Blackberry maker Research in Motion announced Monday it would slash the price of its BlackBerry PlayBook tablet, but the price change didn't go into effect until Tuesday. Now, for a limited time only, the tablet is selling for $199 at Best Buy, Radio Shack, OfficeMax, Office Depot, Wal-Mart and Wireless Giant, which is $300 cheaper than the tablet's original price.
There's no word if RIM's $199 PlayBook deal also coincides with Blackberry's other special offer of two PlayBooks for the price of one, which the company said was effective until Dec. 31.
The Blackberry PlayBook debuted in April with a $499 tag, the same price as Apple's iPad, but was met with a lukewarm response. By September, rumors were already swirling that RIM was ready to kill the tablet, after selling 500,000 units in the last six weeks in the first quarter, but only 200,000 units in the entire second quarter. Comparatively, Apple said it sold 4.7 million iPads in the second quarter alone.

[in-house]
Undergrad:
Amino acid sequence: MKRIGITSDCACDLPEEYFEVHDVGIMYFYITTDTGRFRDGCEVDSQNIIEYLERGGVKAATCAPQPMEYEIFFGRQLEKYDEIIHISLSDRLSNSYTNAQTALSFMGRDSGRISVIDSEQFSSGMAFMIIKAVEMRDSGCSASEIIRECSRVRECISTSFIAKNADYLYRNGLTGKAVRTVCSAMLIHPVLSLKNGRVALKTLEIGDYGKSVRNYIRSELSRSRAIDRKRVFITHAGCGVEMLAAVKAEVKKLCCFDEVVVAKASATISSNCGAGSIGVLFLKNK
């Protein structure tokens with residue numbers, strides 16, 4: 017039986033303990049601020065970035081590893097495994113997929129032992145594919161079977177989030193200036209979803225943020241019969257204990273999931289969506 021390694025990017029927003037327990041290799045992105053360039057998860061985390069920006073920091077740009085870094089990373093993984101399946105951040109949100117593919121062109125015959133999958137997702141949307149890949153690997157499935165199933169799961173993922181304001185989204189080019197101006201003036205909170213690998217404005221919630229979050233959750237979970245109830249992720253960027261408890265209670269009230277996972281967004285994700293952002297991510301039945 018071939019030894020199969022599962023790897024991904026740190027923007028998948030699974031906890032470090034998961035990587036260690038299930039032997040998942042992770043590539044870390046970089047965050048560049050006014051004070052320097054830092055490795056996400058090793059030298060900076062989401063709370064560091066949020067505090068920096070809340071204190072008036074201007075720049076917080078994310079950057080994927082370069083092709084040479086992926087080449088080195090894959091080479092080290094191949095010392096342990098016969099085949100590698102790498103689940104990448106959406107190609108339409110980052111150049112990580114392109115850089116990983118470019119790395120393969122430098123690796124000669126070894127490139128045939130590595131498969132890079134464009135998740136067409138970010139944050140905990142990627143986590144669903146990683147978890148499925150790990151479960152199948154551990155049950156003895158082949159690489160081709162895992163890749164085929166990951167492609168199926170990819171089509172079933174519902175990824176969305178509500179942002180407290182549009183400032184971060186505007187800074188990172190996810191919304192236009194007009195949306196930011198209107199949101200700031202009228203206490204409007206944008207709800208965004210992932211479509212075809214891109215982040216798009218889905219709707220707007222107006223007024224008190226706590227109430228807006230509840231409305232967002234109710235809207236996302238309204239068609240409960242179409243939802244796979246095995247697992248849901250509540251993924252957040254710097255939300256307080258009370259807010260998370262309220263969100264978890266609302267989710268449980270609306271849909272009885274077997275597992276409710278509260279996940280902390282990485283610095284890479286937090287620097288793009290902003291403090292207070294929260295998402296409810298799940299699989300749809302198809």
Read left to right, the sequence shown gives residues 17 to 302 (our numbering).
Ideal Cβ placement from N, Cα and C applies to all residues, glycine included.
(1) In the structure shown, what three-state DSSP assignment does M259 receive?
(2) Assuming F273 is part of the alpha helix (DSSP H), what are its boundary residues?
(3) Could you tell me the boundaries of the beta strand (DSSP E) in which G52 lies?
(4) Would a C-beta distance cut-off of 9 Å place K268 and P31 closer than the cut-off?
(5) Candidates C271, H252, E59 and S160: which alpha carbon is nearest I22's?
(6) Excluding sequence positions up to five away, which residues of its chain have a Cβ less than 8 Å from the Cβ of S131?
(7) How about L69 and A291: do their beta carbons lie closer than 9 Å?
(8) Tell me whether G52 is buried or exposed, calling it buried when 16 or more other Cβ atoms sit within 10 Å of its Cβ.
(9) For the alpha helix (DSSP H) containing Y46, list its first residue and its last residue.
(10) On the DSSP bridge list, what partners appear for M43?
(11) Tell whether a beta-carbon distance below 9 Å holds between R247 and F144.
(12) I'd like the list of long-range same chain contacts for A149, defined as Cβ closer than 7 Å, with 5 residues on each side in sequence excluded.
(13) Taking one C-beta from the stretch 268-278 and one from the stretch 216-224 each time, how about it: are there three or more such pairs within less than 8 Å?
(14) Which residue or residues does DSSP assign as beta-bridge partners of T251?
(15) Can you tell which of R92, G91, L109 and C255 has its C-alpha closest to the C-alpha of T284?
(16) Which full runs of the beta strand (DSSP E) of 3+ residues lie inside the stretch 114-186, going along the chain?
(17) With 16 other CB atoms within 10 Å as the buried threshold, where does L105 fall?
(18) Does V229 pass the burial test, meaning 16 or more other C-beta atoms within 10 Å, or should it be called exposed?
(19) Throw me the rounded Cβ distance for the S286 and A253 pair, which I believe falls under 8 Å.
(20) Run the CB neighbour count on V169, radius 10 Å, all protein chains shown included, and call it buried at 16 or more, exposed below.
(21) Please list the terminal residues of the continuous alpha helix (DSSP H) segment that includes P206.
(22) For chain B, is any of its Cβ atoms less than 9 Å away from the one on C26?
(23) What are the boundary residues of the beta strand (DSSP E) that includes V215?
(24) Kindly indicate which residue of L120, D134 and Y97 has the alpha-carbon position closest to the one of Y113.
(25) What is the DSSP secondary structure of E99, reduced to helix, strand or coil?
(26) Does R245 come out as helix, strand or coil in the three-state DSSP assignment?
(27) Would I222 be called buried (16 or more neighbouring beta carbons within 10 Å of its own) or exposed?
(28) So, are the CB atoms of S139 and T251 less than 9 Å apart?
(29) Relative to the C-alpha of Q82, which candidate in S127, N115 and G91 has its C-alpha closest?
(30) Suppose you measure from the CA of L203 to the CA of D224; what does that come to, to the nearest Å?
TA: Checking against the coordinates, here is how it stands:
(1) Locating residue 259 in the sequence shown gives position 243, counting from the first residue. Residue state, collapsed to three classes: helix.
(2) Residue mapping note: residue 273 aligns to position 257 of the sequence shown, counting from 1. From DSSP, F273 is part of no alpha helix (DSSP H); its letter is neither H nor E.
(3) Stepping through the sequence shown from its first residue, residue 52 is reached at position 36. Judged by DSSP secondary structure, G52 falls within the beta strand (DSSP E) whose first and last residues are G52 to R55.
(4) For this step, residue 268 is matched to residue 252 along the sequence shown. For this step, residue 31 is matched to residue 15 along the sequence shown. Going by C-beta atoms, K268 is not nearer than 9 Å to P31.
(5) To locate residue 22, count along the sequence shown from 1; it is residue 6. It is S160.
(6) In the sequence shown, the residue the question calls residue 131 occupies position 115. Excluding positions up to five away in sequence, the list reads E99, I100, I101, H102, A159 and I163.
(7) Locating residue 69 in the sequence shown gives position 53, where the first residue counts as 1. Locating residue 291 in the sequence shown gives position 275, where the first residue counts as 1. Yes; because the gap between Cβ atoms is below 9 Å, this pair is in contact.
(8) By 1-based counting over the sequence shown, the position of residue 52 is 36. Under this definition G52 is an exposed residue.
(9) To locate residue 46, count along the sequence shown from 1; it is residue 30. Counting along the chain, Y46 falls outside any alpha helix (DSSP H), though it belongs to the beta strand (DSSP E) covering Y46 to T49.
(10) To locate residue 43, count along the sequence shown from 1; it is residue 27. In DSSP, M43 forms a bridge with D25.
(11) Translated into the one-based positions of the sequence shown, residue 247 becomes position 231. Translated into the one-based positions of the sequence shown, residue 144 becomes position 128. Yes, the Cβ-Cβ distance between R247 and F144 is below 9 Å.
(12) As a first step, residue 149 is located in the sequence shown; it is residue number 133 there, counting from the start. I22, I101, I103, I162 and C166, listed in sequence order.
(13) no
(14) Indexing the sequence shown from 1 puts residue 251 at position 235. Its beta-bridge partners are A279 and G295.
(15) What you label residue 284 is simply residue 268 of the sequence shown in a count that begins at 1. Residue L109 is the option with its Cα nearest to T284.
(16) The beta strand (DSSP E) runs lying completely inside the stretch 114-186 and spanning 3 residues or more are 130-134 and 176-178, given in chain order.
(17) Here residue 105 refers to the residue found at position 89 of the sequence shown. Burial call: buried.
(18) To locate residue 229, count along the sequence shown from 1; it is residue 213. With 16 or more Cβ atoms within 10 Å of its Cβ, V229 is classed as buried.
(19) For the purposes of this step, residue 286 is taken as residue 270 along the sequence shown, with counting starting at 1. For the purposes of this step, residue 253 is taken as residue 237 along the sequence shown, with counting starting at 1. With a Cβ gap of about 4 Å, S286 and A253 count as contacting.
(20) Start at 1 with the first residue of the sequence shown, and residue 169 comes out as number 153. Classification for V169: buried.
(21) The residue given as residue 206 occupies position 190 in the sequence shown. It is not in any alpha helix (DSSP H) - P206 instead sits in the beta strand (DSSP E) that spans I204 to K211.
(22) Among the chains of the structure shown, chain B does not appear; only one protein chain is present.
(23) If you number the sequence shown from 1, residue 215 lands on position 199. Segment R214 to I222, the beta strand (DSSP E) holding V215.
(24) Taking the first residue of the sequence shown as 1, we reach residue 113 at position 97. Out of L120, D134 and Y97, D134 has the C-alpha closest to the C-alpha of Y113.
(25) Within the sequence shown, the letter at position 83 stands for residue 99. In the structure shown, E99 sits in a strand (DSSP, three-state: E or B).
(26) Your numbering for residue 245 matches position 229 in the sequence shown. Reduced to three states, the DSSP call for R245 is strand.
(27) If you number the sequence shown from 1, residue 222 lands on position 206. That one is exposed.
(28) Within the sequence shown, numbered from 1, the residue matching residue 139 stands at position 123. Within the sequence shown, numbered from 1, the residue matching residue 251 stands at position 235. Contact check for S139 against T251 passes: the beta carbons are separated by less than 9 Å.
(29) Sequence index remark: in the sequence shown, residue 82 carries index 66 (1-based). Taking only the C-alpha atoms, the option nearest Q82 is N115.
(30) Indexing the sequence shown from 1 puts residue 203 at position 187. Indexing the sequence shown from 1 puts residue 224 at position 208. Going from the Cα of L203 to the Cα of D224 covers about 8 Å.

Critics lambasted the Blackberry PlayBook for its difficult physical controls, poor memory management, middle-of-the-road battery life, and its lack of 3G. Furthermore, the PlayBook blocks any apps that rely on Google Maps or text-to-speech, which many reviewers believed was not worth the $499 price tag.
By slashing its price by $300, RIM, based in Waterloo, Ontario, has decided it would rather compete with the similarly-priced Amazon Kindle Fire and Barnes & Noble Nook Tablets instead of the iPad this holiday season.
Early projections show Amazon's $199 Kindle Fire may sell 5 million units by the end of 2011, and it's generally believed that the tablet's early success has everything to do with its wallet-friendly price tag. Barnes & Noble's $249 Nook Tablet currently sells for $50 more than the Fire, yet despite its highly favorable reviews, price seems to be a greater determining factor of success in the current economic climate.
Need proof? Look no further than HP, which decided to discontinue its $399 TouchPad tablet after only one month on the market. When the company decided to hold a fire sale and lower the price of its tablets to just $99, however, HP's tablets flew off the shelves, and since has been named the No. 2 selling tablet in 2011.
RIM once sold BlackBerry PlayBooks for $199 for one weekend on online reseller Newegg.com; they sold out very quickly. Maybe RIM should remove that for a limited time label.